What is ovulation?

The menstrual cycle has four phases: menstruation, the follicular phase, ovulation and the luteal phase.

Out of the 4, it would be fairly safe to say that ovulation is the most important, because it actually sets the tone for all the others by directly impacting them.

So what is ovulation?

In a natural cycle, we start the month with a certain number of mini follicles (antrals). The number depends on the age of the woman, her ovarian reserve and her reproductive health. Out of these follicles, only one will dominate, grow and get ripe. This lead follicle will ovulate at one point, under the influence of your hormones, sometime around the middle of the cycle.

Once the follicle bursts, the egg that comes out will travel down the fallopian tubes, where, if it meets viable sperm, may get fertilized.

Based on the day of ovulation and the level of hormones produced after that by the Corpus Luteum, a woman’s lutel phase may be longer or shorter, influencing the due date of the next menstruation.

When does ovulation occur?

Many women assume that ovulation occurs precisely in the middle of the cycle, on cycle day 14. In truth, this is just an average, and science shows us that since a “normal” cycle may last anywhere between 21 and 35 days, the ovulation day will “move” based on the length of the cycle. Hence the importance of actually tracking ovulation especially if you are trying to conceive.

It might sound weird, but as per one of the biggest meta studies observing ovulation tracking, one of the most common causes of infertilty in young health couples was mistimed intercourse.

The egg is only viable for fertilization for 12 to 24 hours following its release from the follicle. If there is no sperm available to fertilize it during this time span, the egg will dissintegrate and pregnancy will not occur.

So, can we actually pinpoint ovulation? We can’t, really, which is important to know a few facts:

-the egg has a (very) limited life span

-healthy sperm can live in a woman’s reproductive tract for up to 5 days

-ovulation usually occurs between 12-36 h after a first positive ovulation test

Based on all of the above, doctors consider that women have their best chance at getting pregnant in a period of 4 days before and 1 day after the actuall release of the egg. These 5 days timespan is called “the fertile window

How to identify the fertile window?

For women who have very regular cycles and/or who have the habit of tracking their cycles, the solution is quite easy: estimate the next ovulation date and count 6 days backwards. Never rely just on the calendar, or on digital apps based on calendars, because even if ovulation is an event that should occur each month, anovulatory cycles are actually quite common, even in health fertile women who do not have any ovulatory issues.

Checking your LH surge gives you a much better and more accurate view.

You may do that using the usual ovulation strips, and test your LH levels in urine. When the second line starts getting darker and more visible, it’s a sign LH is going up, in order to help the follicle burst.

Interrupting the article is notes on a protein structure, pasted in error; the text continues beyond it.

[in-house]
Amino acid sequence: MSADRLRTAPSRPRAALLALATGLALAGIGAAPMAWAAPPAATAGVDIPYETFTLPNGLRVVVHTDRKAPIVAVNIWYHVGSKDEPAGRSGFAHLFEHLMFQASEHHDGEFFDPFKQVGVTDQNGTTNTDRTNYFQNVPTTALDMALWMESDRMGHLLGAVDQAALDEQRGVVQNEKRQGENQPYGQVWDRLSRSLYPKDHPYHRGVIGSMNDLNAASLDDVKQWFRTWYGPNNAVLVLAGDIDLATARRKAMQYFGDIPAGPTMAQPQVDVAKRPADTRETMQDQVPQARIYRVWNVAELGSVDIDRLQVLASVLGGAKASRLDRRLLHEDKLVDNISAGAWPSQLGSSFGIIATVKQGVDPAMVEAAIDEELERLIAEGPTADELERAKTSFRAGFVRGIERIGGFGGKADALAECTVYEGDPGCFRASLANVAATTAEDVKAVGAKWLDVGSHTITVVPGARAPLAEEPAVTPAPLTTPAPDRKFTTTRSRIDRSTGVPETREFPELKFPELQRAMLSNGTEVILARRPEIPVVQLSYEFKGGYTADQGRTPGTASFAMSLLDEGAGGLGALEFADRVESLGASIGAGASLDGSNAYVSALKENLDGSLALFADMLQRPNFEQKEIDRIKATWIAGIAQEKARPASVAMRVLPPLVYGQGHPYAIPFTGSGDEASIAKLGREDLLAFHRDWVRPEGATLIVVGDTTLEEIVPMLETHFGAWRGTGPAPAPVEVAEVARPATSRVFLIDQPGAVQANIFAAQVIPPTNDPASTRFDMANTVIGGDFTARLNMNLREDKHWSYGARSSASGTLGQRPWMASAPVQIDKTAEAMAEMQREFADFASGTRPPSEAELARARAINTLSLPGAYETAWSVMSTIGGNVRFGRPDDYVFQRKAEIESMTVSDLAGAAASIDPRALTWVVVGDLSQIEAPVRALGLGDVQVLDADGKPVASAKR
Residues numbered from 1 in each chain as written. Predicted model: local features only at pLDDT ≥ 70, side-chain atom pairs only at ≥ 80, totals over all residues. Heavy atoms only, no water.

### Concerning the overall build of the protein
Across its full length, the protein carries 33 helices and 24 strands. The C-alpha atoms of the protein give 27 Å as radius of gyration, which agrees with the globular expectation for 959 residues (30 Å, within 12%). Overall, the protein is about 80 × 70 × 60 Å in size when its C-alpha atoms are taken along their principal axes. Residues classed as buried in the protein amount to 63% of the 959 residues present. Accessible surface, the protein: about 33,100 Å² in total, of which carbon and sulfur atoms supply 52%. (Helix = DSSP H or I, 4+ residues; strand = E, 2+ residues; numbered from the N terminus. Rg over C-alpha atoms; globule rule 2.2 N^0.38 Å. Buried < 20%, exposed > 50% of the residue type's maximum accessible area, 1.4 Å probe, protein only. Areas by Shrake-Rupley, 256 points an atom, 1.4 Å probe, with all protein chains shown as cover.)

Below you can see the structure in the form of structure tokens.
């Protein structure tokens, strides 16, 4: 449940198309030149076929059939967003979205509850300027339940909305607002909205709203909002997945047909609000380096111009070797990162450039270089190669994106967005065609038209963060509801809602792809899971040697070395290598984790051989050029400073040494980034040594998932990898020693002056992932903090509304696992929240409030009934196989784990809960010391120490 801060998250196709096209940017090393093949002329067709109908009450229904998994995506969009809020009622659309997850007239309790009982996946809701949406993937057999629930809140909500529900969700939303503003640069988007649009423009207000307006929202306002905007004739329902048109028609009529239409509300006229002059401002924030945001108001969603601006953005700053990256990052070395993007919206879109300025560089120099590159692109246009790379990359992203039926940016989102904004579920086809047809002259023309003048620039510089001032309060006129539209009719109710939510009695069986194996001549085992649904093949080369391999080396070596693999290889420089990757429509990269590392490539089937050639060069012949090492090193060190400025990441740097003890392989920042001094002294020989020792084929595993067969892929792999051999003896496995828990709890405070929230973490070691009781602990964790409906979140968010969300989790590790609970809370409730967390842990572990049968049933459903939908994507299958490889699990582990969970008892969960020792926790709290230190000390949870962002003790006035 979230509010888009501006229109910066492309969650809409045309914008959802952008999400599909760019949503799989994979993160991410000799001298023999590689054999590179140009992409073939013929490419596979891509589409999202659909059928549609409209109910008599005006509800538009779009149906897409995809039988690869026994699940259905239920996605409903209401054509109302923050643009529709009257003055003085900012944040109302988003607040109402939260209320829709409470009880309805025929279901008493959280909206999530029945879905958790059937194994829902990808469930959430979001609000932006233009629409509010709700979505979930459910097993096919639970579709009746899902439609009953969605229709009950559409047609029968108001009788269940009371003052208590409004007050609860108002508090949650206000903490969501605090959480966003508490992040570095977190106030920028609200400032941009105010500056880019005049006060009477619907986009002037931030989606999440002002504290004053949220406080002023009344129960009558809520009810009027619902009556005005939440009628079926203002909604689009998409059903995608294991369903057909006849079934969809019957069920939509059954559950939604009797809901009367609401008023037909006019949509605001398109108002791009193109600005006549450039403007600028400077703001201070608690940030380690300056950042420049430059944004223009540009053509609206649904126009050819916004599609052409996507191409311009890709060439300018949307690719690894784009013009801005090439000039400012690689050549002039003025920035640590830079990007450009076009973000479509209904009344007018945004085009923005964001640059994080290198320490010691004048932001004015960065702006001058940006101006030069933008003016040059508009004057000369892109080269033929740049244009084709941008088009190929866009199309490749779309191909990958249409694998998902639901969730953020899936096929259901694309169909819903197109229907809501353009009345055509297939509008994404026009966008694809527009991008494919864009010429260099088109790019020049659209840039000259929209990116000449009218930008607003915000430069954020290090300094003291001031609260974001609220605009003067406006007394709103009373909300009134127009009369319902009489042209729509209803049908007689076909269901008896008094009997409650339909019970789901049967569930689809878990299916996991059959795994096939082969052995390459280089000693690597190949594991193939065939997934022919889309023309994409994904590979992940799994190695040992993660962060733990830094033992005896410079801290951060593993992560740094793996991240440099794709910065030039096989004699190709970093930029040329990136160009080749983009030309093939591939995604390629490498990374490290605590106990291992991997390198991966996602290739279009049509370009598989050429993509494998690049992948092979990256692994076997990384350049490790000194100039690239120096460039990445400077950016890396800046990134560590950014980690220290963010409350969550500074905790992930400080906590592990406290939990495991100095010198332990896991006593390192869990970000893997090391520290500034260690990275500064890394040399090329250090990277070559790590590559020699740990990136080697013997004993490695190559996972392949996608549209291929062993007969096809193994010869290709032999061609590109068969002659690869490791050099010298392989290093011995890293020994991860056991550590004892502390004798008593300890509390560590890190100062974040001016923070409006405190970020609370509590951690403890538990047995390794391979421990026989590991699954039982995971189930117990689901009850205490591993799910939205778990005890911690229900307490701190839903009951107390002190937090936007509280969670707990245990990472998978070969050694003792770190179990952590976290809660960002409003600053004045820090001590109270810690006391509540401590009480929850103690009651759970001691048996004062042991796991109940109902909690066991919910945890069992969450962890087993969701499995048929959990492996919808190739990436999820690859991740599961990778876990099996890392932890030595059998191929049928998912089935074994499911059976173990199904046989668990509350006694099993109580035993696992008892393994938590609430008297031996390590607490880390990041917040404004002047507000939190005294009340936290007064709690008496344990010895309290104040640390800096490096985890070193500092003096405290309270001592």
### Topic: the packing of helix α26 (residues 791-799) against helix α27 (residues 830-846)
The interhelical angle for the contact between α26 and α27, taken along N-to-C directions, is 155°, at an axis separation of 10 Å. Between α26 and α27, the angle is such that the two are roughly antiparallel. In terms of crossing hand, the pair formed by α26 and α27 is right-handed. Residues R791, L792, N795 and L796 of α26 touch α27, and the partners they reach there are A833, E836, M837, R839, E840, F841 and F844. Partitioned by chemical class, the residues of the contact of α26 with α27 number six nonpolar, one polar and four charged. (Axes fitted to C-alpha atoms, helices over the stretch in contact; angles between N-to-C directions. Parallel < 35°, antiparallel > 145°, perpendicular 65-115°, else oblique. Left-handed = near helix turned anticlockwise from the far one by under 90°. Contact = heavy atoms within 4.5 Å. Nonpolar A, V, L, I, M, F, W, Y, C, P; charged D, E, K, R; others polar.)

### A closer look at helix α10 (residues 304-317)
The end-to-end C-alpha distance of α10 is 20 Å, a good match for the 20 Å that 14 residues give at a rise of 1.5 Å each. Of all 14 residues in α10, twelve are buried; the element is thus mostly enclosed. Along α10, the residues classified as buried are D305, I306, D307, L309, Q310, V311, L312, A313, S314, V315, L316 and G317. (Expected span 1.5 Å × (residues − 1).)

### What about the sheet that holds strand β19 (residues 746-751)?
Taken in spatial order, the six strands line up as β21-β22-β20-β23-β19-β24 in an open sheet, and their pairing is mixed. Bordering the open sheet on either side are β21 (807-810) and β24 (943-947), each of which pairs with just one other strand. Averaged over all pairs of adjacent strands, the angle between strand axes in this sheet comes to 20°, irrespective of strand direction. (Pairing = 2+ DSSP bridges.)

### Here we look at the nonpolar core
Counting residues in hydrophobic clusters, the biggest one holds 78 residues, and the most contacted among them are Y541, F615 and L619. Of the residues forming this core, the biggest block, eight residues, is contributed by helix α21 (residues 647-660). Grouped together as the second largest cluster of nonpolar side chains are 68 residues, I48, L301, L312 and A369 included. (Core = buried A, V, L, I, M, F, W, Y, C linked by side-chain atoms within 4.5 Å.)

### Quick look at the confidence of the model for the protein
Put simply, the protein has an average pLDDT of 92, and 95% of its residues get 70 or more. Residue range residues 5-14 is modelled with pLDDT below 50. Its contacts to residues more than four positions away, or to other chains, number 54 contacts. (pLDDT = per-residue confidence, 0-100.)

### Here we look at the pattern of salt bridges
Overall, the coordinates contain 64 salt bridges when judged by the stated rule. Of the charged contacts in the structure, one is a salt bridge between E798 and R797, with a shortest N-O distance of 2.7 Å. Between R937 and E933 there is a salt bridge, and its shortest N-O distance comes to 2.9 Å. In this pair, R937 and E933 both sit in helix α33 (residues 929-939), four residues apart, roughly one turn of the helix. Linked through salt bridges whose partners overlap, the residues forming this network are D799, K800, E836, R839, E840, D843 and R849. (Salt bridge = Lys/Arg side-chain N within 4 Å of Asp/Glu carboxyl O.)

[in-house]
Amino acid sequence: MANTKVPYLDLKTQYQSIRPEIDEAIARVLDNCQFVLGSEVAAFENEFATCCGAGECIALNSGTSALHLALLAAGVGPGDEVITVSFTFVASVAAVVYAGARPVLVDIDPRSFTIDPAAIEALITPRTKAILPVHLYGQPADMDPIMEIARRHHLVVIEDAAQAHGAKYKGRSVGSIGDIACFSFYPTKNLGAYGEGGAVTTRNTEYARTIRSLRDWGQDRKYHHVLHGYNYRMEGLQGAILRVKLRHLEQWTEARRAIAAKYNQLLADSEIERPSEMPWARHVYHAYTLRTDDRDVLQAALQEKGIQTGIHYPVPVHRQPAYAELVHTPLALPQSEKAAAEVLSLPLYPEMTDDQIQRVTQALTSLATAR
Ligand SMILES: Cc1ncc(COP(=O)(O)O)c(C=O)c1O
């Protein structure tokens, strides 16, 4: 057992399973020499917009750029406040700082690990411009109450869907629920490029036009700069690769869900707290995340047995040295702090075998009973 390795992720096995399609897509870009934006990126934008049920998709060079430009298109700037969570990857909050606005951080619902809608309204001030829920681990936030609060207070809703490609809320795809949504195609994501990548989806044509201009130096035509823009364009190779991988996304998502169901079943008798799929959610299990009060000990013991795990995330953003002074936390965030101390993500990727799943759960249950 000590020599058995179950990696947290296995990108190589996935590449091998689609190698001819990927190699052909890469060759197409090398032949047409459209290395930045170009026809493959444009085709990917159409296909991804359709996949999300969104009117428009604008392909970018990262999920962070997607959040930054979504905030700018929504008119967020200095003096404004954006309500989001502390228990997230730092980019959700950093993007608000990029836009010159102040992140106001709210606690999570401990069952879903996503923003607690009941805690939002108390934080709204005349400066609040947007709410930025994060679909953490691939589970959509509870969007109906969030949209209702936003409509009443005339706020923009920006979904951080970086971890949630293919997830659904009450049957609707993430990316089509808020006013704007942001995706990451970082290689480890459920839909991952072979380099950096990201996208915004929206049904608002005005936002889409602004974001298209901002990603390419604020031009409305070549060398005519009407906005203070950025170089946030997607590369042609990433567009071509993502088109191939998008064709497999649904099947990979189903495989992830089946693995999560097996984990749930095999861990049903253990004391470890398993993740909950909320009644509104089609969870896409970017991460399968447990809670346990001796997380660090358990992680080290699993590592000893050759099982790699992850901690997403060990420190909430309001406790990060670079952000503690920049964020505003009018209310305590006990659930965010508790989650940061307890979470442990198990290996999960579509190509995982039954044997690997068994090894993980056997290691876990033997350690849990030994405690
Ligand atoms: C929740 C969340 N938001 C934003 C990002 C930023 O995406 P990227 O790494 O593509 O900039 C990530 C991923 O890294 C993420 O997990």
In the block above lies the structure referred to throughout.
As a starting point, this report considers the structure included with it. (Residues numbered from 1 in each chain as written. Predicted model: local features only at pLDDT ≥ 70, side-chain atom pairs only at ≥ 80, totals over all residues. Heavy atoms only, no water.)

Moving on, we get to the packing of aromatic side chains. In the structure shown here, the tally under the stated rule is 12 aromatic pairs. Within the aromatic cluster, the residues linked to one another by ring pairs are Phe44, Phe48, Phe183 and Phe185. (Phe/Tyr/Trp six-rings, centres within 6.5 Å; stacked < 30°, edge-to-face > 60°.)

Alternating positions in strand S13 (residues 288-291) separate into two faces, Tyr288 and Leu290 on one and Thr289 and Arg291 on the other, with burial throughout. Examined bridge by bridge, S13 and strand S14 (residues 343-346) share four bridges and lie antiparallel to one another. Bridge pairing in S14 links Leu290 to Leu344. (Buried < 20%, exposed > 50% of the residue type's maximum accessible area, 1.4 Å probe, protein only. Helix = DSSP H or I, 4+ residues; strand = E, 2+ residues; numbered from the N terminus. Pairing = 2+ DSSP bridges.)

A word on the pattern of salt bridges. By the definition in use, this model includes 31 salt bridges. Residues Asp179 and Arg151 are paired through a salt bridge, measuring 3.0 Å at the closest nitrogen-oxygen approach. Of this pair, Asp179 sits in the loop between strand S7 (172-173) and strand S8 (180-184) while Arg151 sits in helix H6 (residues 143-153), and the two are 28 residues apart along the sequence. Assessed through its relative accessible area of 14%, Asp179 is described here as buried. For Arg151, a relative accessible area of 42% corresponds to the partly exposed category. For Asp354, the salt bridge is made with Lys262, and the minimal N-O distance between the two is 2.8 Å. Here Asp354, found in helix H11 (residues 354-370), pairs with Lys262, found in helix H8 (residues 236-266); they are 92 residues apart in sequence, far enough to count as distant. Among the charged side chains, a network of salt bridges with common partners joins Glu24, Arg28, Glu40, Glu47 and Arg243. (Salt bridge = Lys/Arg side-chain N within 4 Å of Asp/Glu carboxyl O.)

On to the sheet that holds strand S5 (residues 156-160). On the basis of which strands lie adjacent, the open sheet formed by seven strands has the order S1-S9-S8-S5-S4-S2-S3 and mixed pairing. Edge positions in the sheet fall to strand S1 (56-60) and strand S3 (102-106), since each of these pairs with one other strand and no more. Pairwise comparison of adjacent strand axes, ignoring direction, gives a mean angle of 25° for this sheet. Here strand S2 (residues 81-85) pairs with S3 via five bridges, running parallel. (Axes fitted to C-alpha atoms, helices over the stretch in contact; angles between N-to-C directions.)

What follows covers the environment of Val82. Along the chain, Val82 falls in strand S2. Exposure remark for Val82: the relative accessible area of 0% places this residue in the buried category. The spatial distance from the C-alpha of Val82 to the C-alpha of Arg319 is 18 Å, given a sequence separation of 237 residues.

Do not wait until the test turns positive and you get two identical lines, because it might be too late! Remember that the egg’s life is very short lived, and also you want the sperm waiting for the egg, not the other way around.

If LH testing is not your thing, you might want to rely on the world’s oldest method of tracking ovulation: cervical mucus. Under the influence of hormones, cervical mucus changes color and conistency throughout the cycle. What we call “the fertile” discharge is one with the look and consistency of egg-white: clear, transparent, stretchy between two fingers.

Last but not least, women who have PCOS tend to have high LH throughout the cycle, or several peaks before the actual ovulation occurs. For them, LH testing might not be acurate and cervical mucus tracking might offer a better option.

What does an ovulation test mean?

As the follicles grow and mature, they release estrogen. Once a certain level of estrogen is reached, this sends a message to the brain that the egg is ripe. In turn, we get a surge of LH to help with the final maturation and the release of the egg.

An LH test is going to help you predict ovulation. And while it’s true that this is a very helpful tool, be mindful of the fact that it’s only a predictive one!

As mentioned previously, it may happen you have constantly high LH in your body, or have several peaks of LH in a cycle, or simply that your body gears up to ovulate, under the infleunce of high LH, but can’t.

An ovulation test is a good indicator, but is in no way a confirmation that an actual egg has been released.

In order to confirm ovulation actually occurred, you would need to measure Progesterone-the hormone that goes up in the second part of the cycle.

You can do this either at home, with the help of PdG tests, or by measuring serum progesterone in a lab.

Another way to confirm ovulation is basal temperature tracking, although the downside is the fact that it’s quite influenced by external factors and needs a very strict discipline, with testing daily, at the same time, in order to detect a pattern.

Ovulation is a very important process in the life of every woman of childbearing age. It can help you conceive, but it is very important to remember that its importance goes beyond baby-making. Ovulation is a sign of hormonal balance, and it’s essential to track it even if it is just to make sure your body is on track and you are in good hormonal health.